In asking for employment references on the job application counter-productive?

If I’ve learned one thing lately, it’s the people will try to talk you out of something that they, themselves fear. Recently, a friend tried to talk me out of my fitness routine because he thought I didn’t “need it”. When I told him that it made me feel good, he said I looked fine (I’m not joking). He’s a really nice guy and a good friend, but I couldn’t help thinking that his opinion on my exercising had more to do with him than me. I think that seeing others do something for themselves hits close to home for a lot of us. It forces you to question yourself: “should I be doing that too?” and “I’m not doing that…does that mean they don’t want to be like me?”. Asking myself those questions is what got me started working out again in the first place. They can be really productive questions to ask yourself if you are willing to go there (by the way, my friend didn’t mean anything…he just speaks what he thinks and his perspective on the topic was influenced by the fact that his lifestyle is very different than mine). There are other people that, when you tell them you are working out, will immediately start rattling off the reasons why they don’t. People are funny (and kind of self-involved…um, myself included I guess given how much time I am willing to spend at the gym and talking about my life here).

Which is why I can’t help but wonder (in my best Carrie Bradshaw voice): why do we ask for employment references on job applications when the fact that the candidate asking a co-worker for a reference may set the co-worker on a campaign to convince the candidate to stay? The co-worker starts thinking “hmm, why don’t they want to stay here with me?”, “should I be looking for a new job too?”.

Filling out the job application is too early in the process to be asking for references. At the early stages of the recruitment cycle, the candidate has little invested in the process; having not yet interviewed, not yet feeling a person-to-person connection with the team members, not knowing much about the group/business/role. By asking for the reference information up front, are we basically asking the candidate to let someone talk them out of leaving at a point in the process where the candidate hasn’t necessarily decided they want the position? And with plenty of time to convince the candidate to stay while the candidate goes through the interview process?

I realize that most candidates will not ask their direct manager for a reference up front, signaling their intention to leave the company. But even asking a co-worker or former manager for a reference could involve additional personalities with different agendas and personal perspectives to weigh in on the opportunity. I’m not sure that this often leads the candidate to re-evaluate the new opportunity, but it certainly is an unnecessary risk.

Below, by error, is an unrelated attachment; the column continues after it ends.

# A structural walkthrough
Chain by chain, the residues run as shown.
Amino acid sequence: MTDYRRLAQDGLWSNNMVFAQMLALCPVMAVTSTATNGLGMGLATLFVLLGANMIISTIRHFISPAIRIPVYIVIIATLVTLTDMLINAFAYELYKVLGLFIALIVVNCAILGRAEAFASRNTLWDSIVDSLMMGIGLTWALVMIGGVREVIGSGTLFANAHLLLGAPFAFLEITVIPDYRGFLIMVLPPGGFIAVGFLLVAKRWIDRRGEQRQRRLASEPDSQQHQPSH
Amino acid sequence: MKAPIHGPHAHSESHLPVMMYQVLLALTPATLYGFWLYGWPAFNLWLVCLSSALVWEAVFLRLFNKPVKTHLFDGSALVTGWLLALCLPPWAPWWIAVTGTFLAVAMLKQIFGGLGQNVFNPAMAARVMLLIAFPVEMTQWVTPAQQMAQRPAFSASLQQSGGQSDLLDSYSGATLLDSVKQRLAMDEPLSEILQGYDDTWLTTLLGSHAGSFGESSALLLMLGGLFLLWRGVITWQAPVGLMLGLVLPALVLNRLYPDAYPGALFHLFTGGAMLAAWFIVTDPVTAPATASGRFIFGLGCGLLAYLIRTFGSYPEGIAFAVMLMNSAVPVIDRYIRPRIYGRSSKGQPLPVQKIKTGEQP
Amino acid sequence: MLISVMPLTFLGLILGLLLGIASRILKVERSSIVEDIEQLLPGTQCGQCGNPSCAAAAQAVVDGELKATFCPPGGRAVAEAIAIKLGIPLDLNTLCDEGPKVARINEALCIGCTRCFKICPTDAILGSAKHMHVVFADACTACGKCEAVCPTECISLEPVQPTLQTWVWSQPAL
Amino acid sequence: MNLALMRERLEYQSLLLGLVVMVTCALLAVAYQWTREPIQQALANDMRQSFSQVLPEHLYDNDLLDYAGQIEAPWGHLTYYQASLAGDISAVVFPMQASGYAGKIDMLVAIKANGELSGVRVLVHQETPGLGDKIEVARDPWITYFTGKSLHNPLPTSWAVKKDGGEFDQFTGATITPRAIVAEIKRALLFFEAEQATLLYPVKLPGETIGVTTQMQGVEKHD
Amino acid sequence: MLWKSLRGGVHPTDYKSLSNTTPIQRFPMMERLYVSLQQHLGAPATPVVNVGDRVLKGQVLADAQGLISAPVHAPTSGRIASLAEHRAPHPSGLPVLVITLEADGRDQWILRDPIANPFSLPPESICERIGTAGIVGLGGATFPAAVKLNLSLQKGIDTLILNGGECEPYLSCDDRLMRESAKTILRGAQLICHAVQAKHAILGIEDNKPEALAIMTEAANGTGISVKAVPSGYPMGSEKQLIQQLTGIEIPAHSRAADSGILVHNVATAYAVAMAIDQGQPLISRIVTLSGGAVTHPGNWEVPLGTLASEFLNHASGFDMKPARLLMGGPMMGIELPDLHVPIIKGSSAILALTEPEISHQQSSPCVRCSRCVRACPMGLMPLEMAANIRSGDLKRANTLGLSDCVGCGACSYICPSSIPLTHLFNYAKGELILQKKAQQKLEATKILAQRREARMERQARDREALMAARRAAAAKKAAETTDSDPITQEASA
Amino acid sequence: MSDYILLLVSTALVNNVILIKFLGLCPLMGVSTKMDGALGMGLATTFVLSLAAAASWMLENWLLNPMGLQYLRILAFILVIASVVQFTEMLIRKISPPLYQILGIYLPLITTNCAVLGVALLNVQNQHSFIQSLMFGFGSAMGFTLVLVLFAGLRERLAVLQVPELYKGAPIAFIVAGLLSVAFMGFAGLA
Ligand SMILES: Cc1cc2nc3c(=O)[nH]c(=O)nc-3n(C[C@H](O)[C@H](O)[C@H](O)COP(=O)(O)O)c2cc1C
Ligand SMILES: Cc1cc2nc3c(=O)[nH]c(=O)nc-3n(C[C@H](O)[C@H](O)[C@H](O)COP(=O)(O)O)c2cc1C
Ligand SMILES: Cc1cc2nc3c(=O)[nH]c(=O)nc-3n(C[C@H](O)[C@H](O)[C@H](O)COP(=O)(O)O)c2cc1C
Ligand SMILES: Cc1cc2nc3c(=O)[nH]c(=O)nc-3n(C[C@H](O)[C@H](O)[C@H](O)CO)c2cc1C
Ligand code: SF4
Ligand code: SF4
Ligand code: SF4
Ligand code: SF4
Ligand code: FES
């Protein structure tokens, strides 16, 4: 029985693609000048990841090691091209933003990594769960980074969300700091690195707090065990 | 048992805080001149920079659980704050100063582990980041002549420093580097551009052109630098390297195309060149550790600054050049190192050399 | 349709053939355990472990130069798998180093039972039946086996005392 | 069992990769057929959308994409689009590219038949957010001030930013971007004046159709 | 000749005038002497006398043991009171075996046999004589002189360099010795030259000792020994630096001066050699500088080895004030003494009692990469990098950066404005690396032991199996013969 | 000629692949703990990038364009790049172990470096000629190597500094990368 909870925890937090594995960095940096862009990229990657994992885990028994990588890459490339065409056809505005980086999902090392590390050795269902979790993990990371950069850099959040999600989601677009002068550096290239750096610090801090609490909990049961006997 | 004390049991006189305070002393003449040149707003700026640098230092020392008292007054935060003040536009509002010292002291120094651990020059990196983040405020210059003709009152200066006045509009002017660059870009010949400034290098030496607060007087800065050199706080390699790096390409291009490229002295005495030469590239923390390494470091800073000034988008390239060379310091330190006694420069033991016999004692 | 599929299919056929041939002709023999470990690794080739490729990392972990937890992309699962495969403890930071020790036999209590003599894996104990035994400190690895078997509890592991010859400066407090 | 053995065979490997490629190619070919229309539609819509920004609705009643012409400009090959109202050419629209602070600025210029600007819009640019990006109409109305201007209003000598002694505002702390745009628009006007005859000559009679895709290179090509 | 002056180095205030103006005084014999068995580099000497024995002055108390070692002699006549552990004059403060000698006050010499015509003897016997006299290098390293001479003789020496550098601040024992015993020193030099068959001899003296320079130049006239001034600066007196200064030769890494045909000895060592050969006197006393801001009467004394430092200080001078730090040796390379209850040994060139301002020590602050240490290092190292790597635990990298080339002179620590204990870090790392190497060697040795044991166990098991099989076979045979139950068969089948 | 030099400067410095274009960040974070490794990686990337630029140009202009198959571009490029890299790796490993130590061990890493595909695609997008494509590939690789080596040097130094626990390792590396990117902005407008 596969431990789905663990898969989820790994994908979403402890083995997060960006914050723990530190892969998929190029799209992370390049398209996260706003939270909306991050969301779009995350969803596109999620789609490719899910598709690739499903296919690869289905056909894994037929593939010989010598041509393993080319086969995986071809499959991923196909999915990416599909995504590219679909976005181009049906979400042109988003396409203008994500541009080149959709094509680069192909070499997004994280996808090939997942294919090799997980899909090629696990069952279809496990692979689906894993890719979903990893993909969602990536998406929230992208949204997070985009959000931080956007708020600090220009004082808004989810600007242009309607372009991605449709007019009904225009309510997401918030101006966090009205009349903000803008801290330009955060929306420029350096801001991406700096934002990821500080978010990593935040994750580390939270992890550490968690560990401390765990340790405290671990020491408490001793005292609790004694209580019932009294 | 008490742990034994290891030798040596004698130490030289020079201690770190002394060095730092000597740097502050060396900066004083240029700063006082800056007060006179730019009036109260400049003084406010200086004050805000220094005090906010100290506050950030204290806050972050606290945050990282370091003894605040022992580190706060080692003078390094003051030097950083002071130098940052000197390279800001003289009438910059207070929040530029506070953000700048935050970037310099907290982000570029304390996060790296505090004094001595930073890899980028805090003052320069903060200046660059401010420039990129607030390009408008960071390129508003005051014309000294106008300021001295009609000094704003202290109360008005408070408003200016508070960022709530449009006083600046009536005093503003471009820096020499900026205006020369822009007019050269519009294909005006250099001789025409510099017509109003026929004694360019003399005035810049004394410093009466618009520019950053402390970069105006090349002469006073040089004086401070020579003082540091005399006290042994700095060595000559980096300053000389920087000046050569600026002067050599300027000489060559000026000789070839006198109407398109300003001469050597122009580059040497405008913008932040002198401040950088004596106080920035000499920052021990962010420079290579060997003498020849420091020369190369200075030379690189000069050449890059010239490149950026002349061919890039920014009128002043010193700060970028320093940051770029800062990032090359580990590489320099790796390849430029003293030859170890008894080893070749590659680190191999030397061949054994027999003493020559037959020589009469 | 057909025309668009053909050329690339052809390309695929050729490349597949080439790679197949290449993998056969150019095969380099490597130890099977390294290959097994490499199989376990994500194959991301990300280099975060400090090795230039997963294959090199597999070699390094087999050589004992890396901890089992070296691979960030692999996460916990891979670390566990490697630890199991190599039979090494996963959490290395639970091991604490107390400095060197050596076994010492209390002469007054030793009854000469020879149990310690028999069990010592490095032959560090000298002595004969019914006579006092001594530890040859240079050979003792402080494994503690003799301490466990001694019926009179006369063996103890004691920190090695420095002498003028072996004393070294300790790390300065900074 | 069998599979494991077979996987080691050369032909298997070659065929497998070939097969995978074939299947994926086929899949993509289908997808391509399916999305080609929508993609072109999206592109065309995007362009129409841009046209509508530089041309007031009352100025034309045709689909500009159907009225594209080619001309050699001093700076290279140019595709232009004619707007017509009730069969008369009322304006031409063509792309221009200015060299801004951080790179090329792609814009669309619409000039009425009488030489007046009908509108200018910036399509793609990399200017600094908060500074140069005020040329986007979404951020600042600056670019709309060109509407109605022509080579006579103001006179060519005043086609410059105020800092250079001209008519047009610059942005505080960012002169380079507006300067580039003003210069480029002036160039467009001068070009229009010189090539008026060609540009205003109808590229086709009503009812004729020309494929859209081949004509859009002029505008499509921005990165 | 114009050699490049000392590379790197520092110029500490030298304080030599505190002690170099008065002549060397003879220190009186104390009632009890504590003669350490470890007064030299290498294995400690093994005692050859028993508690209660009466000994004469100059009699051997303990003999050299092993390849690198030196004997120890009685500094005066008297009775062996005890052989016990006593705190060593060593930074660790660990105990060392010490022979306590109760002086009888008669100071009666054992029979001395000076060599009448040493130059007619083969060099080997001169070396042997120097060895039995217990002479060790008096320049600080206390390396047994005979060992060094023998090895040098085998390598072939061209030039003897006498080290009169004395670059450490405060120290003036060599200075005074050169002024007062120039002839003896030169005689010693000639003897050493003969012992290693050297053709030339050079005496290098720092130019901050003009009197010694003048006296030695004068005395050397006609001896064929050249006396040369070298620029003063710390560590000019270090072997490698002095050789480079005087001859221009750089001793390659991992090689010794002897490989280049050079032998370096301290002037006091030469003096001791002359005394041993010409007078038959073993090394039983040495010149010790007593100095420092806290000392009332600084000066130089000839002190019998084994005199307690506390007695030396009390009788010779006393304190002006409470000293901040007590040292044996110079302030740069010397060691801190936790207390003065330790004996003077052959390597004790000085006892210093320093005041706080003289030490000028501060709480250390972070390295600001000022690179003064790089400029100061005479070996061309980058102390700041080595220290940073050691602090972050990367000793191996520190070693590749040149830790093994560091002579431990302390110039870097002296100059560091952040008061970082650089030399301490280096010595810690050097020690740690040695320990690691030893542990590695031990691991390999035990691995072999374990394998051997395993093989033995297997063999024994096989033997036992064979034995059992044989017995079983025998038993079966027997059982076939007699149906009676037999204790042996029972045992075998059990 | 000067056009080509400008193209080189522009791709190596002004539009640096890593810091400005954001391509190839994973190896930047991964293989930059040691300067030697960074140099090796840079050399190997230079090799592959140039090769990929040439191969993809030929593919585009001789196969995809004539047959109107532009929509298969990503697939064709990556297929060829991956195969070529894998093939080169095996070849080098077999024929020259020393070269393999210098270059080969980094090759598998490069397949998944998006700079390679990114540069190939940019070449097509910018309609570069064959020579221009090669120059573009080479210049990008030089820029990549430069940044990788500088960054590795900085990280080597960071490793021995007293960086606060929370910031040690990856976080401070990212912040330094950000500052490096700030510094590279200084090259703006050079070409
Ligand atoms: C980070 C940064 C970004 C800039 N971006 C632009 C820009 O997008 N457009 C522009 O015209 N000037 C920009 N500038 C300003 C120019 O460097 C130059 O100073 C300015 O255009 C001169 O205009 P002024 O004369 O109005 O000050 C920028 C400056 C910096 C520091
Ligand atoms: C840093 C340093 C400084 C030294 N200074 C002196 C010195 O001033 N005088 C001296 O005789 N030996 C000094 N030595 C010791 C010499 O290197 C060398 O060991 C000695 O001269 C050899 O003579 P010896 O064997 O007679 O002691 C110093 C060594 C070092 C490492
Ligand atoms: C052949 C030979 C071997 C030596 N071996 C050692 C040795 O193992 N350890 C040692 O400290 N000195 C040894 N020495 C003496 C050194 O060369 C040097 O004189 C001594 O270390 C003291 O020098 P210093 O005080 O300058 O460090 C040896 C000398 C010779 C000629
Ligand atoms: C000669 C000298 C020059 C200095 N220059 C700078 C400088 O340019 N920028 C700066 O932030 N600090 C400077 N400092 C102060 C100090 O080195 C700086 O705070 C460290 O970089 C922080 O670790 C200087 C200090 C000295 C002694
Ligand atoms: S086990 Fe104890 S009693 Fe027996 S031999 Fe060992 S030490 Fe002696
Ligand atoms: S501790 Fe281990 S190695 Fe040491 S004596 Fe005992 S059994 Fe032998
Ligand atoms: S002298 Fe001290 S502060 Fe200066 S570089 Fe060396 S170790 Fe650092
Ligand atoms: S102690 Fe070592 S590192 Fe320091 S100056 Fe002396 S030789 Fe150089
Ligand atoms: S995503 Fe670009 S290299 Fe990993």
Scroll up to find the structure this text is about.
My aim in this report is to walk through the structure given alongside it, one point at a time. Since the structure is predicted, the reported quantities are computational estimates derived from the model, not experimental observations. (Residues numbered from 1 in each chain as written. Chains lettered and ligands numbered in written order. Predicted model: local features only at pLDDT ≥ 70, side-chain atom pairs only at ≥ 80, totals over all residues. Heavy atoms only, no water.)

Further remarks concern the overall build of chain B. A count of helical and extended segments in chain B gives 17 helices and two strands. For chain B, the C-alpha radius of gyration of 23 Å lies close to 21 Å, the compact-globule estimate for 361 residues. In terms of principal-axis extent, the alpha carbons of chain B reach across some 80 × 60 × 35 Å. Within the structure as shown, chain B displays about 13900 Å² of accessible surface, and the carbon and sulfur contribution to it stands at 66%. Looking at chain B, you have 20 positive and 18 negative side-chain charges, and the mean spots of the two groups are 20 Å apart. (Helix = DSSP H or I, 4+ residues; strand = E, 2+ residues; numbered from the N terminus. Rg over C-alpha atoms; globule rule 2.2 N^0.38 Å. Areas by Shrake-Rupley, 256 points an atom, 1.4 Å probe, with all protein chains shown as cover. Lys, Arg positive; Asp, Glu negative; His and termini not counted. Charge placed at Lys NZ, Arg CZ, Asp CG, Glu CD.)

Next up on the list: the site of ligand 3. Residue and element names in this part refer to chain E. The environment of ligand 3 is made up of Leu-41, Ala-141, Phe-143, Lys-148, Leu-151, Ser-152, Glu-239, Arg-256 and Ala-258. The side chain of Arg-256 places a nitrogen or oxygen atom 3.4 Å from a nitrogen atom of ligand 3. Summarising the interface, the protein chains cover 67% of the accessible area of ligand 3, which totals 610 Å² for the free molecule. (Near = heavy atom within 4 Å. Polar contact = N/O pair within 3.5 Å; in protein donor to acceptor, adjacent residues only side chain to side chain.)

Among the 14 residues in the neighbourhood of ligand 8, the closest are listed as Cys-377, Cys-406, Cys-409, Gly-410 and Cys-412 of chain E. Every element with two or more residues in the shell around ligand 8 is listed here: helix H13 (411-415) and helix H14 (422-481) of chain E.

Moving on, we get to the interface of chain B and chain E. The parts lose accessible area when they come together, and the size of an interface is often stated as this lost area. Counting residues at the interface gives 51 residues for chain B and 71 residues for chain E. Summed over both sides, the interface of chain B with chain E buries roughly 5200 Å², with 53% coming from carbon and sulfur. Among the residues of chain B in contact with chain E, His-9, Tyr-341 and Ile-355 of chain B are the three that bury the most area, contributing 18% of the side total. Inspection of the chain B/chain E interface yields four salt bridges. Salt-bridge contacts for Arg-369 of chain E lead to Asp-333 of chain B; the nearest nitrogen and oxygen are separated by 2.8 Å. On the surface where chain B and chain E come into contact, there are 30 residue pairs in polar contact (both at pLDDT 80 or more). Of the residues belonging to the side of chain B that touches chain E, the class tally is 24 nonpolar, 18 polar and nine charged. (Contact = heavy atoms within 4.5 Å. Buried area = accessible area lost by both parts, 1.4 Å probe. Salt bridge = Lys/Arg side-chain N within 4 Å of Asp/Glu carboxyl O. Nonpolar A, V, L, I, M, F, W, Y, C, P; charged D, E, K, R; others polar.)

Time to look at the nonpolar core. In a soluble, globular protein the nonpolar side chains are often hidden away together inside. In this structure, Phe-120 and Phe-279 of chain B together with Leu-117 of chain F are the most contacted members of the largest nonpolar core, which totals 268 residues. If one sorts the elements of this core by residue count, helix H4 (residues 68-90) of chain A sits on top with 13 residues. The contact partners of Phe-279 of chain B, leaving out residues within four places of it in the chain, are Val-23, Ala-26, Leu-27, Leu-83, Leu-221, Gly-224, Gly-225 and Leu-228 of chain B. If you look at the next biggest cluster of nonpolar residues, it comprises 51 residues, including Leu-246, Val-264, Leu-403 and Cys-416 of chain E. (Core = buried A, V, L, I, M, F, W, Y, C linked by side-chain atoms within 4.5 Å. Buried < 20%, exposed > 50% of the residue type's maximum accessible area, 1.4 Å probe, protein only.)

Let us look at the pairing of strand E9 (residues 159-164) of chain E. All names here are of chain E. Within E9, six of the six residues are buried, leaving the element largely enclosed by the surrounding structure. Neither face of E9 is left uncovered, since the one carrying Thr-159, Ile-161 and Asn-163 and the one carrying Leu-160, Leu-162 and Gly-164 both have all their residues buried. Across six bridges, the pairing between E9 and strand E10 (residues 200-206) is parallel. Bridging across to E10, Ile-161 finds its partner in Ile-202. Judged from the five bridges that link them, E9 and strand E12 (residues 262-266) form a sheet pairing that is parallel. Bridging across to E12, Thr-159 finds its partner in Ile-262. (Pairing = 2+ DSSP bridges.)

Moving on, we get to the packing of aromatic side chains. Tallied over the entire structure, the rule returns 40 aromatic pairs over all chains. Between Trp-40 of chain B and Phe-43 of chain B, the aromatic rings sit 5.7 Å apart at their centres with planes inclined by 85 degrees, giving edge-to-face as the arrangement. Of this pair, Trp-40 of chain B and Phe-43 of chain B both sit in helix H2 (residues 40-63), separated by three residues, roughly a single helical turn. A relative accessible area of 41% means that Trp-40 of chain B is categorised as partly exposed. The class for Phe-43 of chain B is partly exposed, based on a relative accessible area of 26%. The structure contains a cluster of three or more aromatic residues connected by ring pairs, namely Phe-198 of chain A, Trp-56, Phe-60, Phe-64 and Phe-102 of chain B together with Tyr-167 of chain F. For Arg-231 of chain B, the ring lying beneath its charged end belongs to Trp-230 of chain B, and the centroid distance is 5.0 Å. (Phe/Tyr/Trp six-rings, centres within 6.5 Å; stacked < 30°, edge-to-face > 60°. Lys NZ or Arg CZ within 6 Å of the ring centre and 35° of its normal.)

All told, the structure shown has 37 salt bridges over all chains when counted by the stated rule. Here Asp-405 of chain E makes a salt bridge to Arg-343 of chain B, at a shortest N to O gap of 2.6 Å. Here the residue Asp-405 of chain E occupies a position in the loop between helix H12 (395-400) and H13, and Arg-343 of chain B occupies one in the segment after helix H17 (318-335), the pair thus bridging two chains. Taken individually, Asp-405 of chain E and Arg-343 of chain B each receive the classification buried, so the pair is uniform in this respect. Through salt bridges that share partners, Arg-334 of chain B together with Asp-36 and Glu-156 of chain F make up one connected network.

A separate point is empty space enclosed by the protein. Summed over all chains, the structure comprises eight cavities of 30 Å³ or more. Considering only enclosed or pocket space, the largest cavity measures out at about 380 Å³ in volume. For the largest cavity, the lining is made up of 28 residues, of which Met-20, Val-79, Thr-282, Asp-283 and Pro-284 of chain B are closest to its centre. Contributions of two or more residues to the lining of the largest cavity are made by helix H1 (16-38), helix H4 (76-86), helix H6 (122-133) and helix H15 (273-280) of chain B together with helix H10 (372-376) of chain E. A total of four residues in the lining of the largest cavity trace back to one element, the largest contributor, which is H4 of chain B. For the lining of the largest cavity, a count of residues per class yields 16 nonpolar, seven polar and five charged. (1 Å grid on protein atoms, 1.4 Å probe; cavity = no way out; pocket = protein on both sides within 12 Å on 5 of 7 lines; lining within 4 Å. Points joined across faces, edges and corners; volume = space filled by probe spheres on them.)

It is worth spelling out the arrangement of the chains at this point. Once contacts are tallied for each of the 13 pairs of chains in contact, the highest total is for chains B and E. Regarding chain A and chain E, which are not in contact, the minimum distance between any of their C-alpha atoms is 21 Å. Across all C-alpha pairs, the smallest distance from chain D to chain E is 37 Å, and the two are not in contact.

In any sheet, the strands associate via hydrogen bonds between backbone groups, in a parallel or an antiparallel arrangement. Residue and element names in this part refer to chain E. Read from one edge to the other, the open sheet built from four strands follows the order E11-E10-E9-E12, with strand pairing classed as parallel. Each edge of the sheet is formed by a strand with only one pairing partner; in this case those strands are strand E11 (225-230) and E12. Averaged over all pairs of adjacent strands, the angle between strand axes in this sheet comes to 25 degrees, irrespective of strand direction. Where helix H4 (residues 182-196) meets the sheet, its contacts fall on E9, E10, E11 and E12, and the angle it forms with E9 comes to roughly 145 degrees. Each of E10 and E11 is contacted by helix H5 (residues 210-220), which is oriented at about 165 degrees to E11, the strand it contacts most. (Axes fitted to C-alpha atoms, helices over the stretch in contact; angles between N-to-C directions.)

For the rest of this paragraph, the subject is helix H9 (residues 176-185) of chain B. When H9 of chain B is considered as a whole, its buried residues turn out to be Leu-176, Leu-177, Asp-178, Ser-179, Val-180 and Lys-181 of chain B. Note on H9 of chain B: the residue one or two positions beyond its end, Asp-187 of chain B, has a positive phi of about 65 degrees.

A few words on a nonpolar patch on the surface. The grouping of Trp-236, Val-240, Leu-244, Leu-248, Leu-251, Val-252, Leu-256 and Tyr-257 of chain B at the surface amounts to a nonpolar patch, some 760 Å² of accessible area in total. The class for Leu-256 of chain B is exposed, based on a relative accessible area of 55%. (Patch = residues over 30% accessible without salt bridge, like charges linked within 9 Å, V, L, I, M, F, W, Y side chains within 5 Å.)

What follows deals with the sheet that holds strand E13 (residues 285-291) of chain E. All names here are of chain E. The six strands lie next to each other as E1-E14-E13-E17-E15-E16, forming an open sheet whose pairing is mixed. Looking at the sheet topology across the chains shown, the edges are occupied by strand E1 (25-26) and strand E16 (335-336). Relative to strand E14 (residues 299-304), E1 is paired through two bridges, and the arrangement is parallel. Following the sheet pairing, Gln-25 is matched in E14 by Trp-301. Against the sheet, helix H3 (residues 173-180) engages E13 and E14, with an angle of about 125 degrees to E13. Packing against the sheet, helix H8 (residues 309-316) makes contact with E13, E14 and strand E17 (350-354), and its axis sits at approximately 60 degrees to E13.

I suspect that recruiters do themselves a disservice by asking for references before they are prepared to check them. Hiring companies would be better served by selecting their talent and getting them good and excited about the opportunity before they send them back to their employer to ask for a recommendation.

Does anyone think differently about this? It’s such a standard practice, but it doesn’t make a lot of sense to me.

Comments (9)

  1. Lauren Smith says:

    I’m currently thinking about references and all sorts of job-switching things lately.  Obviously it’s a difficult proposition to ask my current manager for a reference since, as you say, it signals my intention to leave the company which is something that would be very difficult for him to swallow at this point in time.

    So what type of reference is good?  What type is better than another?  I have several old co-workers who now work at Redmond, so would those be better (more weighty) character witnesses than someone at another company?

    I just asked someone at MS to be one of my references this morning, actually.  We worked together for several years, several years ago.  Is that too long an interval for a reference to be a useful measure?

    Anyway, it’s a lot to think about for little old me.  I’m confident in my abilities, confident in my experience and skills, and confident that I can convey and engender that confidence in my interviewers.  But the reference issue has always been the one area that I haven’t ever been very confident about.

    I’m bookmarking this thread.

  2. HeatherLeigh says:

    Lauren- first off, let your recruiter know that you aren’t comfortable providing a reference at your current company until you give notice. They have to respect that situation.

    It’s always ideal to provide the names of people you have reported to in the past, so those are the best references…folks higher than you in the chain of commend. Peers are fine if you need extra references and yes, if you are applying to a company and someone who works there now worked with you before, byall means, use their name as a reference. Just make sure it’s someone who will give you a great reference. Their loyalty to their current company means they have dual loyalties. So go this route if you know they think you are fabulous.